Thursday, 20 September 2012

Music: Keep or Cull No.15: Antony and the Johnsons - I am a Bird Now (2005)

The Mercury Prize is a bit of a strange concept for a music award. Each year an album is nominated by its judging panel as being the best album of the year with the remit that it must be a British or Irish act. Over the years there has been some notable head-scratchers, whether it’s Primal Scream’s Xtrmntr being absent from the list of nominees in 2000, or the prize being awarded to Speech Debelle in 2008 for her album Speech Therapy. With this, the Mercury Prize has also helped bring attention to obscure or unknown artists. I wonder where Dizzee Rascal or Badly Drawn Boy would be today were it not for the Mercury Prize? It’s a strange set-up, and I’m still not sure where I stand. One thing I do know is that awards in themselves are pretty meaningless; they are usually the result of a small committee with vested interests. But they are still entertaining, and if issues about contemporary music become a mainstream discussion point for a few weeks in a year, then where is the harm?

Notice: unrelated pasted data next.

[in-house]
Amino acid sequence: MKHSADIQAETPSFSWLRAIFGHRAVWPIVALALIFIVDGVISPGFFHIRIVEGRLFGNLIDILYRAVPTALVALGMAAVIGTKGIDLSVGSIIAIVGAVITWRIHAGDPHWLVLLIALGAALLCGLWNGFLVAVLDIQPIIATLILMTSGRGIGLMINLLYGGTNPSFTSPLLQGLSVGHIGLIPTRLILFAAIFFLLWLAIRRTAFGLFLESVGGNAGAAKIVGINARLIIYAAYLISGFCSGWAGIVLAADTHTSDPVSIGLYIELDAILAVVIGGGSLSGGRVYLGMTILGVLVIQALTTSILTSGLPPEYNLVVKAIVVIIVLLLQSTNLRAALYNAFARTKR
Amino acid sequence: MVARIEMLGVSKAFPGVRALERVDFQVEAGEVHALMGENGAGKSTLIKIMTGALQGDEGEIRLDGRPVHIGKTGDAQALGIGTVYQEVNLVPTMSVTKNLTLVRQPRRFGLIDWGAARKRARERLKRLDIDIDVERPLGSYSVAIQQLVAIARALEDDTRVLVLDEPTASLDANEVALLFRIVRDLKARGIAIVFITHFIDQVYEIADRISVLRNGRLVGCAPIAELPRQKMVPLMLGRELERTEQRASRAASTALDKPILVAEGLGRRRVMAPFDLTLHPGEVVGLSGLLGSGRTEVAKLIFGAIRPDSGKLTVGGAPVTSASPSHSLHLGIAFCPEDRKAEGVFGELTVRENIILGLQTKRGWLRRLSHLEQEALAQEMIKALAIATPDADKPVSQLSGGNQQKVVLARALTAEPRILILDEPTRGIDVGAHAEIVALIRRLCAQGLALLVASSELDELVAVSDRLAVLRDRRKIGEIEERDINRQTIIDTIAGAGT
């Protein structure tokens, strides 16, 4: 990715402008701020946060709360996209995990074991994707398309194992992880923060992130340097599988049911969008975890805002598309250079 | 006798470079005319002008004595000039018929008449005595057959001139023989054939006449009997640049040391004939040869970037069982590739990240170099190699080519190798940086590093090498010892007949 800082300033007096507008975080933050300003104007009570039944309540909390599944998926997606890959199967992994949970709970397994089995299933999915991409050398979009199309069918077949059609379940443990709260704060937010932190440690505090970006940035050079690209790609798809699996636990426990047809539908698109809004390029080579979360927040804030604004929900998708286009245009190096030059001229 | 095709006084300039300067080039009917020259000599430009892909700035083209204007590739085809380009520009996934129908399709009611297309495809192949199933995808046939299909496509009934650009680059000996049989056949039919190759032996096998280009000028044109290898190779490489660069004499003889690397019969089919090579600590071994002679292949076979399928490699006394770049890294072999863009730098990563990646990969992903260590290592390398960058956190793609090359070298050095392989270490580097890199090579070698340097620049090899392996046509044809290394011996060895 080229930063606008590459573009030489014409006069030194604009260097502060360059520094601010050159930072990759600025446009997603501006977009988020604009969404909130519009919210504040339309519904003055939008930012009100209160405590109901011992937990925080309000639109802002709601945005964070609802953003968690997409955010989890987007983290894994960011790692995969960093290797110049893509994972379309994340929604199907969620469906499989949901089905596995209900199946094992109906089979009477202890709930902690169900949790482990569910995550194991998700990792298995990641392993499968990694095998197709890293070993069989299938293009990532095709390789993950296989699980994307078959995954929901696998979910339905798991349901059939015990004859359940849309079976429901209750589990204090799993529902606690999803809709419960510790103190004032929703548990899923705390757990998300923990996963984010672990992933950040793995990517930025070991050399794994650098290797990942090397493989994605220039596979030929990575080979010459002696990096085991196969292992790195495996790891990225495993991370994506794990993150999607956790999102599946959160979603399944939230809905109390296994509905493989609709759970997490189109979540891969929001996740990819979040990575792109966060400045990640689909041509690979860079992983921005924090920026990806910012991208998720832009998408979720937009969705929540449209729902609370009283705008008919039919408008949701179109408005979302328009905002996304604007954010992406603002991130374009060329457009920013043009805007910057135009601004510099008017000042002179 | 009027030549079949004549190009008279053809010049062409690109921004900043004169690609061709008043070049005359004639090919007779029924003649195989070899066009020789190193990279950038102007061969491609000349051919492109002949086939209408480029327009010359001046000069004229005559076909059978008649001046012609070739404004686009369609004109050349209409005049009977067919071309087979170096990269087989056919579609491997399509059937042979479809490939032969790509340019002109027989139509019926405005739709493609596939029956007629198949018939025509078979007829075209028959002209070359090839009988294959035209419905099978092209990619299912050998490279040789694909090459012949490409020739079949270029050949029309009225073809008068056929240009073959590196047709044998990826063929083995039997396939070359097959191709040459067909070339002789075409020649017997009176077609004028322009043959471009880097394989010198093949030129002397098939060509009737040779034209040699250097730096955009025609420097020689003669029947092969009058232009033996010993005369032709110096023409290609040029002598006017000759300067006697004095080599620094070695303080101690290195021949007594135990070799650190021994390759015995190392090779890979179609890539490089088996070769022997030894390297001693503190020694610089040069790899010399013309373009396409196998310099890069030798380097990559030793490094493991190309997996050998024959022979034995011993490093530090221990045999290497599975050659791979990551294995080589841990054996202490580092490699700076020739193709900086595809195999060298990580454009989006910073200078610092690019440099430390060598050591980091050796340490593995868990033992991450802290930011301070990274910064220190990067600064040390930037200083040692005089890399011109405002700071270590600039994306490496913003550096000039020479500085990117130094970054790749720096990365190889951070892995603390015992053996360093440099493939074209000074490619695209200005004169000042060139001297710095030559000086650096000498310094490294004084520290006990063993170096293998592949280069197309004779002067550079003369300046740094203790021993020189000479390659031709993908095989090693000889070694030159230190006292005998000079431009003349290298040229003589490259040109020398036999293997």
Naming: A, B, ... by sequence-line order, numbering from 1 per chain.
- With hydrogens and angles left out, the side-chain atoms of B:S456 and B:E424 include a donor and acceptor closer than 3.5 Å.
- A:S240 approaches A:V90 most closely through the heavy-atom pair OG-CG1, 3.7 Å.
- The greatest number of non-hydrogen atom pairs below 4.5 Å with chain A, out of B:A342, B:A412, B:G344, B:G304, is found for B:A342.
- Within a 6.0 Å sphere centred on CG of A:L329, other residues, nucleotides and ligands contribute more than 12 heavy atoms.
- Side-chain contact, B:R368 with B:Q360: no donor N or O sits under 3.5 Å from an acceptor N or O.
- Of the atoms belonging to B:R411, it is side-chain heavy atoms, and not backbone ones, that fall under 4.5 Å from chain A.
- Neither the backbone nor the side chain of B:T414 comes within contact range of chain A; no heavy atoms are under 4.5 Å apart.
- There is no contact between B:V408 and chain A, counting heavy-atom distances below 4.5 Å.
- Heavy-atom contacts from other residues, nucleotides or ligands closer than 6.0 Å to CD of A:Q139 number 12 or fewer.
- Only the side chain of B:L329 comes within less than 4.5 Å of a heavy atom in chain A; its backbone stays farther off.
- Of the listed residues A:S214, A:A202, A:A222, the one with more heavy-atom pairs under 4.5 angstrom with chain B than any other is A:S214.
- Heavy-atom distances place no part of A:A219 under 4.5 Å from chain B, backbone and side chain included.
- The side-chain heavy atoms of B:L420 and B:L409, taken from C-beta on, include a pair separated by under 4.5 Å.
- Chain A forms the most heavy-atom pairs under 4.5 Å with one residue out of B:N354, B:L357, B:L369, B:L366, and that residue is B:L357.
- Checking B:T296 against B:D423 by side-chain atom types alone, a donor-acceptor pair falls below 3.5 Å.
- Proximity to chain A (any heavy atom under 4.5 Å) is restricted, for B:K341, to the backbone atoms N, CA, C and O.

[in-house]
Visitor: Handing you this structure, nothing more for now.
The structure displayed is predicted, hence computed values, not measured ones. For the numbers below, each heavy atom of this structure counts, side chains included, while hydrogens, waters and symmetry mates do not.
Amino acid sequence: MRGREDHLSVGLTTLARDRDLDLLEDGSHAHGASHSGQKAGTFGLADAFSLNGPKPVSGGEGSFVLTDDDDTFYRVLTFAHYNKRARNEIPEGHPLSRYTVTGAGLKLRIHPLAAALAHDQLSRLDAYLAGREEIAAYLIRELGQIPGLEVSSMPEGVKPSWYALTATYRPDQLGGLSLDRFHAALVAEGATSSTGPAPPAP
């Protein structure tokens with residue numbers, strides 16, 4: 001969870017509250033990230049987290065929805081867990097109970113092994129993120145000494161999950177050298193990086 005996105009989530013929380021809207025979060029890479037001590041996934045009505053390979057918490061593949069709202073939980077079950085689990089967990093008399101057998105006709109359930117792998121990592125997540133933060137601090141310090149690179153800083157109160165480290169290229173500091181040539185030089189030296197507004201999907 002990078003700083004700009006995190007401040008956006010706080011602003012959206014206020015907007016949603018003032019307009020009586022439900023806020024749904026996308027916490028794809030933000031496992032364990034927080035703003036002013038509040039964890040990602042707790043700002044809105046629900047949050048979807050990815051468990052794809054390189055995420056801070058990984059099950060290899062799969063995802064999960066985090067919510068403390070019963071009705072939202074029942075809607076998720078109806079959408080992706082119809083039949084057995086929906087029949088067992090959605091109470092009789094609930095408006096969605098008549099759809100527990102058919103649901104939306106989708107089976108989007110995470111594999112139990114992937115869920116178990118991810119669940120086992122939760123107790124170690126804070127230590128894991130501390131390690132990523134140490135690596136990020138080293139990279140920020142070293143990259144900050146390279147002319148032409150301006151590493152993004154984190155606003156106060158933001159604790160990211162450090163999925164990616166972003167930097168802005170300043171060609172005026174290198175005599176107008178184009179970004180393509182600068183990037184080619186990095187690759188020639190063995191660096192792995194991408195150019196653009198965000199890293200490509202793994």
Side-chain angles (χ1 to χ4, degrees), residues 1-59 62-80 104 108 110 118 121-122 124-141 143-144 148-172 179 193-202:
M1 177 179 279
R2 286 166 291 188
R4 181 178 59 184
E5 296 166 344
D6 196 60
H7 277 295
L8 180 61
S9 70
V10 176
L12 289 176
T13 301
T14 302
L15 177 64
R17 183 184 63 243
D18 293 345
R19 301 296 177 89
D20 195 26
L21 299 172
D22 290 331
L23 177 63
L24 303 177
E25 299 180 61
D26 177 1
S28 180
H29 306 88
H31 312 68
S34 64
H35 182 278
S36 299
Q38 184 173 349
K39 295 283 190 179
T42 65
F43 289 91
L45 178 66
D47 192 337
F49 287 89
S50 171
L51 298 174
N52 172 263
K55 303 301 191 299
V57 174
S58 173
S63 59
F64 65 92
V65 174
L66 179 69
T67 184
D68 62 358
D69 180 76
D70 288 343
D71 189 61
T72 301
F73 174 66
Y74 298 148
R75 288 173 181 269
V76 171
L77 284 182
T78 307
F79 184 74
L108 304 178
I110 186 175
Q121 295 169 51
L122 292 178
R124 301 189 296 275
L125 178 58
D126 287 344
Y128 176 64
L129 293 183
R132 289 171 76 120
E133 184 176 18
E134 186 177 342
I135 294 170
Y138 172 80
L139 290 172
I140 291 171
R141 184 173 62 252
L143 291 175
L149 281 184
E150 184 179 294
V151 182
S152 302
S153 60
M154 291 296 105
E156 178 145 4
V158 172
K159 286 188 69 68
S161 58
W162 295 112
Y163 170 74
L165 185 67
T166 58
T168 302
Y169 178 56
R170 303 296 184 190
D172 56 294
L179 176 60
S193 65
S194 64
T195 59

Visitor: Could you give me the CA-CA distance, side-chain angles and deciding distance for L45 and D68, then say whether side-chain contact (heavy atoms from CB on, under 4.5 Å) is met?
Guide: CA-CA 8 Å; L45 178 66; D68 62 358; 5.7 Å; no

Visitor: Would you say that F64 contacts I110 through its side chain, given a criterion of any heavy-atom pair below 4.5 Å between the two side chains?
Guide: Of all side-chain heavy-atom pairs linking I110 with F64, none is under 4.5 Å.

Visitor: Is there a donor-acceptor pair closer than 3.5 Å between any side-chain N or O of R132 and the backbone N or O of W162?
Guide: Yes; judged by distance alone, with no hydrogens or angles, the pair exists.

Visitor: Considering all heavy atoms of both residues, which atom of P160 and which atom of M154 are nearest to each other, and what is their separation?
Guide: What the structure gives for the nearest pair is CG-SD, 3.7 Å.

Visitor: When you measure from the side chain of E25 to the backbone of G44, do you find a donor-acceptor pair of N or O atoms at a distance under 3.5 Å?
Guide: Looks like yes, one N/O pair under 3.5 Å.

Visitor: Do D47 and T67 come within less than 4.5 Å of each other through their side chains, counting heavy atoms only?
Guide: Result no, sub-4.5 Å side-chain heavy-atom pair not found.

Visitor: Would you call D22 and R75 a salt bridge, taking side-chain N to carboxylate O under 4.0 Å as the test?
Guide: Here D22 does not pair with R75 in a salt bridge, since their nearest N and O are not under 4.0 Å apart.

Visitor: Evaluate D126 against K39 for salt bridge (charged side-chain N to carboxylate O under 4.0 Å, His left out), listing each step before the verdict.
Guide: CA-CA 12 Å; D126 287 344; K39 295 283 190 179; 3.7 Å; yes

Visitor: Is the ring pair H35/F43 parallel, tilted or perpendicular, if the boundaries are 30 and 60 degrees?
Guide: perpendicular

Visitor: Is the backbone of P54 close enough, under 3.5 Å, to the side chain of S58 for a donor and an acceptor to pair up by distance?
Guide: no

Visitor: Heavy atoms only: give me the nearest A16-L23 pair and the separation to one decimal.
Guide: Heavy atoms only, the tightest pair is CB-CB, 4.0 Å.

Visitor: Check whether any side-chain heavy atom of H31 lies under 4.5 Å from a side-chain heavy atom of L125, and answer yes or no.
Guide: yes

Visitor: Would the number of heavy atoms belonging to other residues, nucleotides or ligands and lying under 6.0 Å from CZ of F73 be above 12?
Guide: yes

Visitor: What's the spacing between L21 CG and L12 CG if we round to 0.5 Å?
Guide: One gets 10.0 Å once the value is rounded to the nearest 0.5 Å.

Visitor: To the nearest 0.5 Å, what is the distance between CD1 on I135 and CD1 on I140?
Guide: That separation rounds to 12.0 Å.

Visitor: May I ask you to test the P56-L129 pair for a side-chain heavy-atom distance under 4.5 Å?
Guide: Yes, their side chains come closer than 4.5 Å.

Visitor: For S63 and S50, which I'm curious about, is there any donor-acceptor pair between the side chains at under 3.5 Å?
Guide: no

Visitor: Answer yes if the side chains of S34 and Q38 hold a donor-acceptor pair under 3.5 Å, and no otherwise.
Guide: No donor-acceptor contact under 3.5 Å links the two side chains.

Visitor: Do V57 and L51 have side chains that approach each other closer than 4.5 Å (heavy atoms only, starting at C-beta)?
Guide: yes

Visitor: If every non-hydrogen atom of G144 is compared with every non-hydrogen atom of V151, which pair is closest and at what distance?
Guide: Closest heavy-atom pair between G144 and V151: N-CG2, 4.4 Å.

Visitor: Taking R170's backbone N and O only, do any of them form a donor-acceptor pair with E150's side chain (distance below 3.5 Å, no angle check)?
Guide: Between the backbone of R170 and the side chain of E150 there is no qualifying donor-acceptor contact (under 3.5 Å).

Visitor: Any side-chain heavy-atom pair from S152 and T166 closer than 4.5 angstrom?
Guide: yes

In 2005 the Mercury Prize came out with a bit of a left-field victor: Antony and the Johnsons’ I am a Bird Now. There were a number of reasons why this album seemed like an odd choice. Firstly, only a few musos who regularly flick through Wire magazine knew who they were. Secondly, there were some other excellent albums on the shortlist: Bloc Party’s Silent Alarm, and the Go! Team’s Thunder, Lightning Strike (the less said about Hard-Fi, the better). For me, I thought that the Go! Team should have won the prize: their album was innovative; they sounded like nothing else at the time; and each track on the album was brilliant. The inclusion of a band where most of its members did not fit into the remit of the award struck me as a bit odd, but I’m glad it was because I would have probably never heard such an inspiring and beautiful album. ...

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